Feature Article

February 22, 2013

Did You Know? Samsung's TouchWiz Smartphone/Tablet Interface Can Really Crash Your Device

Here is an interesting little factoid about a nasty little Samsung smartphone bug that has been floating around for a while but has never really caught the light of day: If a user utilizes the copy and paste feature of Samsung's TouchWiz user interface an "uncertain" number of times without turning off and restarting the phone, the smartphone or tablet completely crashes or develops a mind of its own with random restarts and misbehavior - none of which fix or reset the device. Once the use threshold is exceeded and the bug kicks in the only way to get the device operational again is through a hard factory reset of the device - hardly a pleasant thing to have to deal with or do.

There are no actual number of times copy/paste is used, though roughly 20 uses has popped up - it's most accurate to say "if it's used too frequently" prior to a user turning the device off before the bug kicks in, the phone or tablet crashes. It appears to be the case that tablets and smartphones running Android versions 3.0 - 4.1 are at the bug's mercy, though not all Samsung devices are equally affected. The one thing that "appears" to be clear is that the bug is related to the TouchWiz interface - which Samsung has updated many times. And yet the bug remains.

The bug was first reported by Veeti Paananen on October, 22, 2012 on Samsung's own developer website messaging board. The message reads as follows:

Hi,

Please pass this information on to the appropriate development team.

Samsung devices running TouchWiz and Android 3.0 or higher have a fatal clipboard bug that can cause it to become permanently unusable until a factory reset. It seems to occur randomly. Whenever a user tries to copy something, this error occurs in the system ClipboardManager class:

java.lang.NullPointerException at android.content.ClipboardManager.setPrimaryClip(ClipboardManager.java:146)

And the application that the user is using crashes. The only fix for this is to perform a factory reset or to clear the contents of /data/clipboard as a rooted user. Since this directory does not exist in stock Android, the fault is clearly with the Samsung software.


Another detailed message board thread on the issue can be found on Phandroid, an Android forum. Lots of interesting tidbits are available on both boards.

Although copy/paste is the most prevalent means to the bug manifesting itself, in truth any app that uses the clipboard can cause the bug. Copying photos for example, which requires using the clipboard, is also known to crash devices. As Veeti Paananen makes clear, the issue is not an Android problem, but specifically a Samsung problem.

That said, Samsung itself has never, as far as we are able to tell, officially recognized the problem, and Samsung certainly hasn't fixed the problem. As the message boards show, the problem is still being reported. Paananen's board message was merely the beginning of the issue.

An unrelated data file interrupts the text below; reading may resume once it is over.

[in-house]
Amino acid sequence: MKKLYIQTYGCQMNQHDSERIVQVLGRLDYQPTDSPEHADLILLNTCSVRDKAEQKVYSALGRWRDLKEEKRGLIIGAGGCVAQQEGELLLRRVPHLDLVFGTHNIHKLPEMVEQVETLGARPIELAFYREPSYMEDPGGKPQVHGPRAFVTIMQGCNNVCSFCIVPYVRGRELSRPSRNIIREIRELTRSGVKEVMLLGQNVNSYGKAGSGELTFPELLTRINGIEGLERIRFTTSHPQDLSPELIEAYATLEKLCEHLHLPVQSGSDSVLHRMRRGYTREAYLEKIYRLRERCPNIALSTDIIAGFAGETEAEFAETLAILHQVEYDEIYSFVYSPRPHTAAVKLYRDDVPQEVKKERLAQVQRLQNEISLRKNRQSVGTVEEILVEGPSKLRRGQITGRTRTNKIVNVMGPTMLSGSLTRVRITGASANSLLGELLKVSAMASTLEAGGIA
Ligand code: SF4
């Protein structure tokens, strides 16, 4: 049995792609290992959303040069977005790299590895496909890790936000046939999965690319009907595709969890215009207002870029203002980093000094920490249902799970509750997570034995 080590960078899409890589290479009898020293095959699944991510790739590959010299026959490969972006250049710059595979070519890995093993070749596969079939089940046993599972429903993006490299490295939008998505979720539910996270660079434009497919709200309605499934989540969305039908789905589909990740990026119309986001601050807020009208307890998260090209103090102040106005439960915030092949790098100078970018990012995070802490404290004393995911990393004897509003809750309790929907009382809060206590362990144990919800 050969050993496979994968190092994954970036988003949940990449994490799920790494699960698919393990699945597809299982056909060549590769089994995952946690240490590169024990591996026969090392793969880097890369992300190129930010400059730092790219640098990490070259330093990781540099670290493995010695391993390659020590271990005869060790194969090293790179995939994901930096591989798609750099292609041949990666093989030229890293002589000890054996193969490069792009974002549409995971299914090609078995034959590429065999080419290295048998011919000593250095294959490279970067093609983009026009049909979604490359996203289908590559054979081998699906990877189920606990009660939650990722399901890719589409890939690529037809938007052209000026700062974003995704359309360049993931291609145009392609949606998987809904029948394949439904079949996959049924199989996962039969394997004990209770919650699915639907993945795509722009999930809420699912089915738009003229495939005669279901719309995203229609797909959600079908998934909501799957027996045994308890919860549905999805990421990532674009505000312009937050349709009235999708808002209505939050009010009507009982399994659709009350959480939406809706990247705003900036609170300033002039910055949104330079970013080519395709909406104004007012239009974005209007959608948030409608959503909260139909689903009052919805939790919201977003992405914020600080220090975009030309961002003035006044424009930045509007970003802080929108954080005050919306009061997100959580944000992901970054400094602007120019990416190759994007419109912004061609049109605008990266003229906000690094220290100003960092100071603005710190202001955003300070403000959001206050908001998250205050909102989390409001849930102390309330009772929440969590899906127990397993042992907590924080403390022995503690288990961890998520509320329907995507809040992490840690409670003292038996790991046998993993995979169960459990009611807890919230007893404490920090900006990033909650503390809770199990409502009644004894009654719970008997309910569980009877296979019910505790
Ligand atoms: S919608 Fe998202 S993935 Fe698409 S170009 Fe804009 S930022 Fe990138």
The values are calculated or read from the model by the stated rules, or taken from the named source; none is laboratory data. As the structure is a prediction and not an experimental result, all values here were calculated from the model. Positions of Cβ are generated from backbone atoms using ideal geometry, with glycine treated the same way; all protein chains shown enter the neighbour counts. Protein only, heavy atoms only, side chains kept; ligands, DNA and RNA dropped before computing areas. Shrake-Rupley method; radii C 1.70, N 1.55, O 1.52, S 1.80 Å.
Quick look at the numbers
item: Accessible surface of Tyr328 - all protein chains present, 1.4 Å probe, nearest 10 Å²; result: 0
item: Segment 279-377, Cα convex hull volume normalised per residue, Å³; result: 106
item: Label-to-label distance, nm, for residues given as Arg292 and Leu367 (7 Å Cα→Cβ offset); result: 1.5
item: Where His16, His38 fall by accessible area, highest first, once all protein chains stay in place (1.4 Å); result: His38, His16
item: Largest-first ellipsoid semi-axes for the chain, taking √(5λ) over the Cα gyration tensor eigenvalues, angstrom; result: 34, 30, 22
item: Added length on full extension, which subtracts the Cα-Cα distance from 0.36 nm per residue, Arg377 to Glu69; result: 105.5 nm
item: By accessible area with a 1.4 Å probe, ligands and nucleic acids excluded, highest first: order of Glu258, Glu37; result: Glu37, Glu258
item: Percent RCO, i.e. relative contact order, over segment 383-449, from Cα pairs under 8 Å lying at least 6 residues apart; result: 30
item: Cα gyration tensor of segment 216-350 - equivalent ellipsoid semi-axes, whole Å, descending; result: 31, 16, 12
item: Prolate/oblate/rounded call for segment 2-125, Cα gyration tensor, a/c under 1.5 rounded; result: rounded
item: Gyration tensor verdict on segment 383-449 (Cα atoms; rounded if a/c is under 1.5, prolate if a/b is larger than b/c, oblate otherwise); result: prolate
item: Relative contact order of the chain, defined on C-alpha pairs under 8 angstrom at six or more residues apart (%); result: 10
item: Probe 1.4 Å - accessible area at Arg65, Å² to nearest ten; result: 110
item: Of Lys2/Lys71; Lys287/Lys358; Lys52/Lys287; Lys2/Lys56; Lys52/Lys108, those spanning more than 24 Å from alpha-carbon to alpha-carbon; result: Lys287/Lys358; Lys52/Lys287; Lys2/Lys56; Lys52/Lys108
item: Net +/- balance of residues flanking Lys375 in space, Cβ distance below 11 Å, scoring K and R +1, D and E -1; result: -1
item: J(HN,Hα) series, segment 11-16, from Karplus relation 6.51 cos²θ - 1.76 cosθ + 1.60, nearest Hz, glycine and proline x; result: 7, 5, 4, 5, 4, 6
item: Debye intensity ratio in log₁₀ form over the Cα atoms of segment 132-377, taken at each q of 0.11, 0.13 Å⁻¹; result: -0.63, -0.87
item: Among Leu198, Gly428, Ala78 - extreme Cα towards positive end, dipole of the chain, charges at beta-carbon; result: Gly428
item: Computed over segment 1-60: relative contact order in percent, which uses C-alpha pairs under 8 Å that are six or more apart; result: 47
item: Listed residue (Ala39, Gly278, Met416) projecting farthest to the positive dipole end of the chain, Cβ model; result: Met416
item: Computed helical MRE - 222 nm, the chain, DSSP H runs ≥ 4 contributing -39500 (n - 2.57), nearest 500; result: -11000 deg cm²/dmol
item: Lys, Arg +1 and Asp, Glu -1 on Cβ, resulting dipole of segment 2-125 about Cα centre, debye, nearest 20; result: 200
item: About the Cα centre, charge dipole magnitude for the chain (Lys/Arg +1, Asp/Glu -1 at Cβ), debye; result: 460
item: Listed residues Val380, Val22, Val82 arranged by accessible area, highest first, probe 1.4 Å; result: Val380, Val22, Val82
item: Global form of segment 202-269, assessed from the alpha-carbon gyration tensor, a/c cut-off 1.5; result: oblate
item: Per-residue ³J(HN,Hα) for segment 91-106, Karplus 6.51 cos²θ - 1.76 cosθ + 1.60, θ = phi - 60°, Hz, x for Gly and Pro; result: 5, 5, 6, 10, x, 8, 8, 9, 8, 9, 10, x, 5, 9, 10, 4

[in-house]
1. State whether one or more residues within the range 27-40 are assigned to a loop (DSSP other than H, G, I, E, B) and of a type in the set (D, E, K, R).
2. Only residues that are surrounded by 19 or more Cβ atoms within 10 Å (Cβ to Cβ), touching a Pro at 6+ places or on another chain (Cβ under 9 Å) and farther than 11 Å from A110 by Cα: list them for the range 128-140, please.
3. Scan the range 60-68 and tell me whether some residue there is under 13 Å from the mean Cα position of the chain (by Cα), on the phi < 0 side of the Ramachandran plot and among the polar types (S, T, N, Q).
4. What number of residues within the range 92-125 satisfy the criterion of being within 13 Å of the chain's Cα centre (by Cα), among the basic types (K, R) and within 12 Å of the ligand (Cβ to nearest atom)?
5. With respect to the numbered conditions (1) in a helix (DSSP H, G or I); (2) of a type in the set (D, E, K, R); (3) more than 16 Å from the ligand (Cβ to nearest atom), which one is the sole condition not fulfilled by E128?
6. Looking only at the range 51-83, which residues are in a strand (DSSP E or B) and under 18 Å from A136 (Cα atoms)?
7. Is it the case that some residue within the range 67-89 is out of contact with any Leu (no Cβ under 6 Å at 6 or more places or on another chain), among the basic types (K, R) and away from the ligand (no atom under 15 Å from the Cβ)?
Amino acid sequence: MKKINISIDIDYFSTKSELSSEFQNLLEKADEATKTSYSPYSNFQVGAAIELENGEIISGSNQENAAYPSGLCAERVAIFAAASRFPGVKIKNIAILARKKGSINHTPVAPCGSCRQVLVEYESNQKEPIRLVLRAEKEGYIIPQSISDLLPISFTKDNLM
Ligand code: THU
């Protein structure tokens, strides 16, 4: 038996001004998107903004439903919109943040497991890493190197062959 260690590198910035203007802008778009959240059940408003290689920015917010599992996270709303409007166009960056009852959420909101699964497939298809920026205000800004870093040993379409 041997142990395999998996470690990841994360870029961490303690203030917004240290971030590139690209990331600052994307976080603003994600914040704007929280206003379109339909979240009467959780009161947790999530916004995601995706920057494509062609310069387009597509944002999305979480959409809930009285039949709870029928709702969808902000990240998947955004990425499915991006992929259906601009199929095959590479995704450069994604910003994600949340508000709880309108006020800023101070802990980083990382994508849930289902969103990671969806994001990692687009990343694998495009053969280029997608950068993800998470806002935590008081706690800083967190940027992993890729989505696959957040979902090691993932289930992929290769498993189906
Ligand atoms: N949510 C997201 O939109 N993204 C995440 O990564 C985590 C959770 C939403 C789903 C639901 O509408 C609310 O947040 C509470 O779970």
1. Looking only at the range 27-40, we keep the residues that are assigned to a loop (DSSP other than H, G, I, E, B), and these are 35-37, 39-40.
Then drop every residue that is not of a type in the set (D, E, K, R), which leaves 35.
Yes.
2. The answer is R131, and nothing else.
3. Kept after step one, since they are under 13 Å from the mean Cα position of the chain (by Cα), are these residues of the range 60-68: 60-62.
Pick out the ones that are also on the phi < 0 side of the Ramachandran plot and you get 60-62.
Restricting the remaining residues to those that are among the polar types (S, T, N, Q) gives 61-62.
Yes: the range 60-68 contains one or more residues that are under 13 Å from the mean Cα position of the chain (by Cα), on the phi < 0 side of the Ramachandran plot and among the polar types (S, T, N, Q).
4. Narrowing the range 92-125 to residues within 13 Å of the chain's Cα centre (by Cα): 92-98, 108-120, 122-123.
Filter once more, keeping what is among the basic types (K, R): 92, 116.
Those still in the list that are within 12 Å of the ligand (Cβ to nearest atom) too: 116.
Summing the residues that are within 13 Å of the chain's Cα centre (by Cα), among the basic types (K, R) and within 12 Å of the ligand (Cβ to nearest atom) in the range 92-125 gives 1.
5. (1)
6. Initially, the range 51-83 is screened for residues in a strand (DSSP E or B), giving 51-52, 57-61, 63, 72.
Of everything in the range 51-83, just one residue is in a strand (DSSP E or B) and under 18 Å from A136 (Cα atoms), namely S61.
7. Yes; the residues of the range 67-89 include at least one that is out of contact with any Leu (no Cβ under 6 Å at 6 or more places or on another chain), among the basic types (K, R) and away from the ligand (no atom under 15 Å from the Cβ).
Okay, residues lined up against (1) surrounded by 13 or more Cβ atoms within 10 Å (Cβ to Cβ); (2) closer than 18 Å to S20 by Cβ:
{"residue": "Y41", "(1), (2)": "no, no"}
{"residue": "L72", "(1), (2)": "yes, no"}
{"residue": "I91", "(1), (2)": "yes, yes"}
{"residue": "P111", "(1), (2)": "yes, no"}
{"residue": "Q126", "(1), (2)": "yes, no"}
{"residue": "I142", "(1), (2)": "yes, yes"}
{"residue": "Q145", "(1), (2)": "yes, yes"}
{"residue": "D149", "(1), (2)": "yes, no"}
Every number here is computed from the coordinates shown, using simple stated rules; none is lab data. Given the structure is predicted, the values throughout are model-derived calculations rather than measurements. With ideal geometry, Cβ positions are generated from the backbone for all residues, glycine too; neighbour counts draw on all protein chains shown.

There are also a number of YouTube videos that show the bug in action. One video in particular posted by Samsung user Terence Eden does a good job of demonstrating the bug. There are over 8,750 comments to sift through as well. Eden mentions that Samsung's Note suffers from the issue, though we haven't been able to duplicate it on our original Note.

Why Samsung remains quiet on the issue is a bit of a mystery - though perhaps the randomness of the occurrences has led Samsung to believe it is better not to publically make note of it. Apple could make a little noise perhaps with a "The Next Big Bug is Already Here" commercial.

Why hasn't Samsung fixed the problem? Well, perhaps the company believes Jelly Bean 4.2 - the latest and greatest version of Android will solve the problem, though Android users do not rush to update their operating system versions. It is estimated that less than 10 percent of all users who can upgrade to later versions of Android actually do - unlike with iOS, where the numbers are reversed and 85 to 90 percent upgrade to the latest available release relatively quickly.

It's also possible that the way Android software fixes are propagated requires that the carriers and manufacturers work together to deliver on the updates. Such an endeavor would require the carriers to go back and retest the devices - and no carrier really wants to do that. Keeping in mind that there would be multiple carriers involved having to test multiple devices, the fix - even if it turns out to be a simple fix - may simply be too onerous to deliver on.

Does Jelly Bean 4.2 solve the issue for Samsung? We do not know. But we can be fairly certain that Samsung mobile device users running Android 4.1 and older stand a chance - albeit a random chance - that their devices will fail at some point because of the bug. And no doubt it will occur at the absolutely worst possible moment.




Edited by Brooke Neuman


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